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Reasons for Procedure
- Nerve damage
- Incomplete removal of all cancerous cells
- Recurrence or spread of cancer
What to Expect
Prior to Procedure
Description of the Procedure
- Simple excision—The tumor is cut out, along with a small amount of normal skin at the edges. The wound is stitched back together. This type of surgery may leave a scar.
- Wide excision—The tumor is cut out along with a larger area of normal skin. This will help make sure there are no cancer cells left behind.
- Amputation—A finger or toe may be removed if the cancer is on the digit.
- Lymph node dissection—Nearby lymph nodes may be removed if there is concern that the cancer spread. The removed lymph nodes will be sent to a lab for study.
How Long Will It Take?
Will It Hurt?
- Keep the surgical area clean, dry, and protected by bandages.
- If recommended by your doctor, apply a nonprescription antibiotic ointment to the wound before applying bandages.
- Take any medications as prescribed.
- Avoid vigorous exercise according to your doctor's recommendations.
- Return to have any stitches or staples removed when instructed.
- Ask your doctor about when it is safe to shower, bathe, or soak in water.
Call Your Doctor
- Signs of infection, including fever and chills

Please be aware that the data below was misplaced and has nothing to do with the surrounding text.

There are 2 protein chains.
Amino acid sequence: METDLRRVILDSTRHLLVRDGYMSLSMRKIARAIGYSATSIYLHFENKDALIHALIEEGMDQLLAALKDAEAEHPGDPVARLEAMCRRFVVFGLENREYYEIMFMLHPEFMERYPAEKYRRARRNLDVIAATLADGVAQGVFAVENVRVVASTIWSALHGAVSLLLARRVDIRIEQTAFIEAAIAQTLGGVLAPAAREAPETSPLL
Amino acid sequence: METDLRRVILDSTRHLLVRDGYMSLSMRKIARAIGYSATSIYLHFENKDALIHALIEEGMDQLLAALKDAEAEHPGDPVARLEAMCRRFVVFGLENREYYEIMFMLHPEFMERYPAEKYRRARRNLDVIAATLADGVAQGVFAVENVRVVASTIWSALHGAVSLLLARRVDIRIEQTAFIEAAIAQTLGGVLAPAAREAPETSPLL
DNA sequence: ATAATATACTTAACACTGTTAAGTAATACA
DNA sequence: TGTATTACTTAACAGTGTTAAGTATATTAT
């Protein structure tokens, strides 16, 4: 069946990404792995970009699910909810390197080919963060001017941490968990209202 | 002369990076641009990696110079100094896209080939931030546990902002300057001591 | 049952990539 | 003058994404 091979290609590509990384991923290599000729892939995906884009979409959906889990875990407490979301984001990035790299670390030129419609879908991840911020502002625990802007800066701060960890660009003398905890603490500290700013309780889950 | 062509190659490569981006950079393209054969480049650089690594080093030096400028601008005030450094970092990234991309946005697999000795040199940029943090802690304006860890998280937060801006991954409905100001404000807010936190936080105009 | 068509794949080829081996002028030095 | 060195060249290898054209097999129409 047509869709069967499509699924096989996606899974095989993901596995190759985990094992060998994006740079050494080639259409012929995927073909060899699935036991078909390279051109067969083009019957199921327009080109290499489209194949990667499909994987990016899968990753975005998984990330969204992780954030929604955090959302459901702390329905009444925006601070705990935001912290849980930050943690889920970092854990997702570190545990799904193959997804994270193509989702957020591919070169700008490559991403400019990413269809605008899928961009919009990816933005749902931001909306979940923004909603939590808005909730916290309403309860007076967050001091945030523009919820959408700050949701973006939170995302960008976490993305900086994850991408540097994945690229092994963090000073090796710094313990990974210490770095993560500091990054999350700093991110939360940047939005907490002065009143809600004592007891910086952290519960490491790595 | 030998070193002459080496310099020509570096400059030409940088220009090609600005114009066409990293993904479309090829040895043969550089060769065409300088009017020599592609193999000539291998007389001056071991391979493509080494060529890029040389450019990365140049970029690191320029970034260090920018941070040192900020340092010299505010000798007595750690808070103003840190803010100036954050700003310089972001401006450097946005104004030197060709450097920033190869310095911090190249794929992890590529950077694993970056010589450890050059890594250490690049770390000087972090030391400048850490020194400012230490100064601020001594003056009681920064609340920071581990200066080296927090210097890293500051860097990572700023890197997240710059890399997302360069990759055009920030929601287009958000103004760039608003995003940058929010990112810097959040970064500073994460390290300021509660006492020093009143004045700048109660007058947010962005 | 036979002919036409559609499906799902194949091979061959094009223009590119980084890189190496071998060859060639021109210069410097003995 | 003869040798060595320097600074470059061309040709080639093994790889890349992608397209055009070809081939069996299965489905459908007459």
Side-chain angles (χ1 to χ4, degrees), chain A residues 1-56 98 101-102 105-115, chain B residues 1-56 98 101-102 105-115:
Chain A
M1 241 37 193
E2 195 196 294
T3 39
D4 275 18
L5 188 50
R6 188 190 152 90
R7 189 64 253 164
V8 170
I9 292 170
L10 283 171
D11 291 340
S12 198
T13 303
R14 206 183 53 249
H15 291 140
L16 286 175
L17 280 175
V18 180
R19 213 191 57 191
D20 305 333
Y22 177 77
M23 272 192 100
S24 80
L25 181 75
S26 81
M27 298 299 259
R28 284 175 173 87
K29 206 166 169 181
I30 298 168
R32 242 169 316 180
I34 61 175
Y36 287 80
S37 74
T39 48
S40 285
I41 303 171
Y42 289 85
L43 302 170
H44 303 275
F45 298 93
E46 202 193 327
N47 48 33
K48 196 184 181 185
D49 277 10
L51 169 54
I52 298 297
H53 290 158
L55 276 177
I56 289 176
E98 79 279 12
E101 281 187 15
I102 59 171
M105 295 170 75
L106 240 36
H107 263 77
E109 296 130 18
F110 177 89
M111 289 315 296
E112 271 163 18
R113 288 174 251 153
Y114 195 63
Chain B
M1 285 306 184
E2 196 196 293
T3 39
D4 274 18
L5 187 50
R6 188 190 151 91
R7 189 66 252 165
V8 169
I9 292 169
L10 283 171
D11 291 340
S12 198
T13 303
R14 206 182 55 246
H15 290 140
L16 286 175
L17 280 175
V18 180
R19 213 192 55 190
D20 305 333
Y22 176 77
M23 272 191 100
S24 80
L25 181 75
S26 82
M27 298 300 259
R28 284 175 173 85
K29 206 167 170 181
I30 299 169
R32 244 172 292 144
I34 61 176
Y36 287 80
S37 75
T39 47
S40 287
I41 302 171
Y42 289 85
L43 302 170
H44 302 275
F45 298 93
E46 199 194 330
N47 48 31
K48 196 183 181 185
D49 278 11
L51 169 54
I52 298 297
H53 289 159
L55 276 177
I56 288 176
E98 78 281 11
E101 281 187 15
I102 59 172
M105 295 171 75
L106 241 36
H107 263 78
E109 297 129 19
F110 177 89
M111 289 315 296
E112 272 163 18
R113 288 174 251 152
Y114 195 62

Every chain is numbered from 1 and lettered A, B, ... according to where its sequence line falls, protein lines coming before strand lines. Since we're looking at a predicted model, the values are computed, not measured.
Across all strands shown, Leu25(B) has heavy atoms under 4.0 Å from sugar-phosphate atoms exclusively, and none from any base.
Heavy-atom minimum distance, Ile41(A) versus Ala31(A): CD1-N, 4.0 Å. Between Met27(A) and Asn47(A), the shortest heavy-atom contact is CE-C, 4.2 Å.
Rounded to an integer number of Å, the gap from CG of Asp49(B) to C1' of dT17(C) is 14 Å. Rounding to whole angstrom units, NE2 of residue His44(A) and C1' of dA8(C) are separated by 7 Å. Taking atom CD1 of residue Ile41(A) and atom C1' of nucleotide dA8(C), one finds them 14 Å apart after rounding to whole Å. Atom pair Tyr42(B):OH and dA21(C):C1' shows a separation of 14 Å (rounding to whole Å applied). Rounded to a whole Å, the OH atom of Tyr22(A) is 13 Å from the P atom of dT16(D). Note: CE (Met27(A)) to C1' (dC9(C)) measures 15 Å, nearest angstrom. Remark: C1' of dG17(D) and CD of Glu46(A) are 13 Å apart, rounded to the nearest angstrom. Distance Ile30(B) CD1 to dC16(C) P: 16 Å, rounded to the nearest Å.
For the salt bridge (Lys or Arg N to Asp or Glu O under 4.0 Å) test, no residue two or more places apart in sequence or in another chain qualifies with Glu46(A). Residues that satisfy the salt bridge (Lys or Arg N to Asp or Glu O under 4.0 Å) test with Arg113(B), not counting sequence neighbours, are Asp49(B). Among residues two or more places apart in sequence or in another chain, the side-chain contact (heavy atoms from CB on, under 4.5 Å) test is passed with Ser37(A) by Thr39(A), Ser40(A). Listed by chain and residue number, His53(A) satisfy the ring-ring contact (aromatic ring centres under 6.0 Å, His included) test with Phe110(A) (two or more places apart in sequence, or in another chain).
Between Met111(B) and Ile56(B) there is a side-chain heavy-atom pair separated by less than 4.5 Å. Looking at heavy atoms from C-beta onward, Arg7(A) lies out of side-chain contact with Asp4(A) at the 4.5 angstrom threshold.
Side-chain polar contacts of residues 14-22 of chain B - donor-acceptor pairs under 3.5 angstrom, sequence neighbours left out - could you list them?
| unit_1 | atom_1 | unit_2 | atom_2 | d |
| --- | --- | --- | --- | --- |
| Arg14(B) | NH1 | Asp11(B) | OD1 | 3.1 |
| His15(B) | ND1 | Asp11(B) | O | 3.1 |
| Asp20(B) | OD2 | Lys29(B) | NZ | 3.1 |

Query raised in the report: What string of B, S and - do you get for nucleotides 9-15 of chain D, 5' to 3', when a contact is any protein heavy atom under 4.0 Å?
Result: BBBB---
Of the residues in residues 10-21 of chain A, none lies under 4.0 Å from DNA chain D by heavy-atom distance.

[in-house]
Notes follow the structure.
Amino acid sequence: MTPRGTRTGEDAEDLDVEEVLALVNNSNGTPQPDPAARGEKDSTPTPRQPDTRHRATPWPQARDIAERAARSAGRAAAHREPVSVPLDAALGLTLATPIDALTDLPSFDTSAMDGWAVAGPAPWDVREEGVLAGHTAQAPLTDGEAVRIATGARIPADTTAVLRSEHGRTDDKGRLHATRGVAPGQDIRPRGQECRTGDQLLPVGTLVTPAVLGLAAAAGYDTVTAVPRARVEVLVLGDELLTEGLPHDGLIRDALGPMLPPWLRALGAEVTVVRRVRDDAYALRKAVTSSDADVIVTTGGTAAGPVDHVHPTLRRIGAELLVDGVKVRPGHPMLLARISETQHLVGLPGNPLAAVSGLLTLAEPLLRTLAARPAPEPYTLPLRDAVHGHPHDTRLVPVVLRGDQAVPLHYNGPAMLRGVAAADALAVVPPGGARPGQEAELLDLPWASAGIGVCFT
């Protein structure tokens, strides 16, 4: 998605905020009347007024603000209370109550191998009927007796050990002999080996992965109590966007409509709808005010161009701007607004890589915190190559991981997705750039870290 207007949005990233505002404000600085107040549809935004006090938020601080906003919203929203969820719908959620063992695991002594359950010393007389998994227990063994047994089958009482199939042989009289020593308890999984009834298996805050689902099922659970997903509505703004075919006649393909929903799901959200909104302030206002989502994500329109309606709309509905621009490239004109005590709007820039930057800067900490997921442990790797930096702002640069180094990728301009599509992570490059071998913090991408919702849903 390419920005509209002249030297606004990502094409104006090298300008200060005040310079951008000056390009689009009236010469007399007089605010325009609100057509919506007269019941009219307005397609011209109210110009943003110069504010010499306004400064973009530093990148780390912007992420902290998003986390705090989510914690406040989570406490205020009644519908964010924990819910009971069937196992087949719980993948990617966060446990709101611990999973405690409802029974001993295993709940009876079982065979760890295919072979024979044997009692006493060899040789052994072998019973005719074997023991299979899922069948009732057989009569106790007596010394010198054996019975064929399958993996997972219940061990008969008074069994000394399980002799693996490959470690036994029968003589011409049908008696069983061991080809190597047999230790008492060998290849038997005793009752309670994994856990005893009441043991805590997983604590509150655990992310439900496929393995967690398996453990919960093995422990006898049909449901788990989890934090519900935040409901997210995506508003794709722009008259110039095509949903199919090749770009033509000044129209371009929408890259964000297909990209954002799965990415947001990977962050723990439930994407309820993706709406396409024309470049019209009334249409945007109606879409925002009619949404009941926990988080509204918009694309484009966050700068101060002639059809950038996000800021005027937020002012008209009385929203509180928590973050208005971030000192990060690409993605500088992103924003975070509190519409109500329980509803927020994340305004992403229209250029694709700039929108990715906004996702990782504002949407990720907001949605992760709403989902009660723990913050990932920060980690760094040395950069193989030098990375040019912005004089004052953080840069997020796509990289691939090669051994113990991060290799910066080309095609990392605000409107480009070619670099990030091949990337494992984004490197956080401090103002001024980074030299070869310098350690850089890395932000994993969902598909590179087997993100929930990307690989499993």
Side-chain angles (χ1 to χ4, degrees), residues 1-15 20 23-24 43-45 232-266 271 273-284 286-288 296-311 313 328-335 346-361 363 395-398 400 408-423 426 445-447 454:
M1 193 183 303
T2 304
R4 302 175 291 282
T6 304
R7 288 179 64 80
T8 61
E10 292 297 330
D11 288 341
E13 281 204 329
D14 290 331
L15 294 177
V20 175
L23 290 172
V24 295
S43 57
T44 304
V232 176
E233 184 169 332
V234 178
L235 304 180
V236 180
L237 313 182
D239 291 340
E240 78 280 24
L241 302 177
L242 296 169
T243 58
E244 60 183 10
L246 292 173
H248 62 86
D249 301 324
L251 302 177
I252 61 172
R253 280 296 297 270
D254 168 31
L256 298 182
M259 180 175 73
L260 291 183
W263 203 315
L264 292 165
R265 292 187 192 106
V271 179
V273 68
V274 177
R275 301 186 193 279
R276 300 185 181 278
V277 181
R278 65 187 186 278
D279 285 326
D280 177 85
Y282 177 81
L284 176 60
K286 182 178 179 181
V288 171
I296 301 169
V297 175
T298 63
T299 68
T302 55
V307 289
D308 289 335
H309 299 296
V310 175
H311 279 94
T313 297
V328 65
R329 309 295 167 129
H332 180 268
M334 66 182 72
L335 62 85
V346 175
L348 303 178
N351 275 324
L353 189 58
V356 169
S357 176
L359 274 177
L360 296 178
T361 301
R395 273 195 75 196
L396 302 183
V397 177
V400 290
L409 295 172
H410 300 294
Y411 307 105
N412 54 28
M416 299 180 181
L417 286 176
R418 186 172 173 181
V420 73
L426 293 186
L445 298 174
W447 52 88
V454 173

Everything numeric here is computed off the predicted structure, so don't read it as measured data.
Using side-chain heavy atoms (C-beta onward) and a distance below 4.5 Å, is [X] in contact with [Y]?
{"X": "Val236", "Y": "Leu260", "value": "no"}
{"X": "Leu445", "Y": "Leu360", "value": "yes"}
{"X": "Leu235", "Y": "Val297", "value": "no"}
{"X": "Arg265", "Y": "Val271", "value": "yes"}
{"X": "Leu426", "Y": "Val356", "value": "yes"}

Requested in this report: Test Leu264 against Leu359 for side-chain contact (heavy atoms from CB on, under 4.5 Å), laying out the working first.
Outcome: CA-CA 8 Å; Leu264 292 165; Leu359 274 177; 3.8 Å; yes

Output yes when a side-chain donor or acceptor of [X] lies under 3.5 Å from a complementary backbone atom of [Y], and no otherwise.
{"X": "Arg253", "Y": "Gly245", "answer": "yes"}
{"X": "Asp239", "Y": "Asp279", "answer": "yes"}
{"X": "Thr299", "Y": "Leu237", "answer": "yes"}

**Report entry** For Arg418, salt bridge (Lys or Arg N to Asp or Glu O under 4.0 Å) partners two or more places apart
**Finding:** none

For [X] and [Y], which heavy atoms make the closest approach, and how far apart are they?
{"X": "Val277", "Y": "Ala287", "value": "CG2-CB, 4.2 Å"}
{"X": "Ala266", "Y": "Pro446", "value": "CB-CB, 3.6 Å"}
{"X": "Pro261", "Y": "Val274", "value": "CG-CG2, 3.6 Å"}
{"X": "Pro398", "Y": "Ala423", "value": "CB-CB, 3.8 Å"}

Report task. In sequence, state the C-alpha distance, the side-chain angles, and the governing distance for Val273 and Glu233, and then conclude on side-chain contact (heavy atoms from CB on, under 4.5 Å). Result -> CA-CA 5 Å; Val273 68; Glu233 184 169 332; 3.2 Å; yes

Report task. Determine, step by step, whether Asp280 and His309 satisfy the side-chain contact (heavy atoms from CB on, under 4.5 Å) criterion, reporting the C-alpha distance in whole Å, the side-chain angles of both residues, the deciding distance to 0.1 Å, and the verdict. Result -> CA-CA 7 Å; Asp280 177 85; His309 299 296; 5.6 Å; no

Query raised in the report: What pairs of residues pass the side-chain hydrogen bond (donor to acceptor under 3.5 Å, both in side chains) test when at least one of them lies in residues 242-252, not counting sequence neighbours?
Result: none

- Redness, swelling, increasing pain, excessive bleeding, or any discharge from the incision site
- Pain that you can't control with the medications you've been given
- A new lump or discoloration in your skin
- A change such as color, bleeding, itching, or growth in an already-existing mole, either at the surgical site or in a new location
- Any other new or concerning symptoms
American Academy of Dermatology http://www.aad.org
American Cancer Society http://www.cancer.org
Canadian Cancer Society http://www.cancer.ca
Canadian Society of Plastic Surgery http://www.plasticsurgery.ca
Bichakjian CK, Halpern AC, Johnson TM, et al. Guidelines of care for the management of primary cutaneous melanoma. American Academy of Dermatology. J Am Acad Dermatol. 2011;65(5):1032-1047.
Lens MB, Nathan P, Bataille V. Excision margins for primary cutaneous melanoma: updated pooled analysis of randomized controlled trials. Arch Surg. 2007;142(9):885-891.
Melanoma. EBSCO DynaMed website. Available at: http://www.ebscohost.com/dynamed/what.php. Updated April 3, 2013. Accessed April 9, 2013.
Melanoma: diagnosis, treatment, and outcome. American Academy of Dermatology website.Available at: http://www.aad.org/skin-conditions/dermatology-a-to-z/melanoma/diagnosis-treatment/melanoma-diagnosis-treatment-and-outcome. Accessed April 9, 2013.
Melanoma skin cancer. American Cancer Society website. Available at: http://www.cancer.org/acs/groups/cid/documents/webcontent/003120-pdf.pdf. Updated January 17, 2013. Accessed April 9, 2013.
Physician quality reporting system quality measures. EBSCO DynaMed website. Available at: http://www.ebscohost.com/dynamed/what.php. Updated February 5, 2013. Accessed April 9, 2013.
6/2/2011 DynaMed's Systematic Literature Surveillance http://www.ebscohost.com/dynamed/what.php: Mills E, Eyawo O, Lockhart I, Kelly S, Wu P, Ebbert JO. Smoking cessation reduces postoperative complications: a systematic review and meta-analysis. Am J Med. 2011;124(2):144-154.e8.
- Reviewer: Brian Randall, MD
- Review Date: 04/2013 -
- Update Date: 04/09/2013 -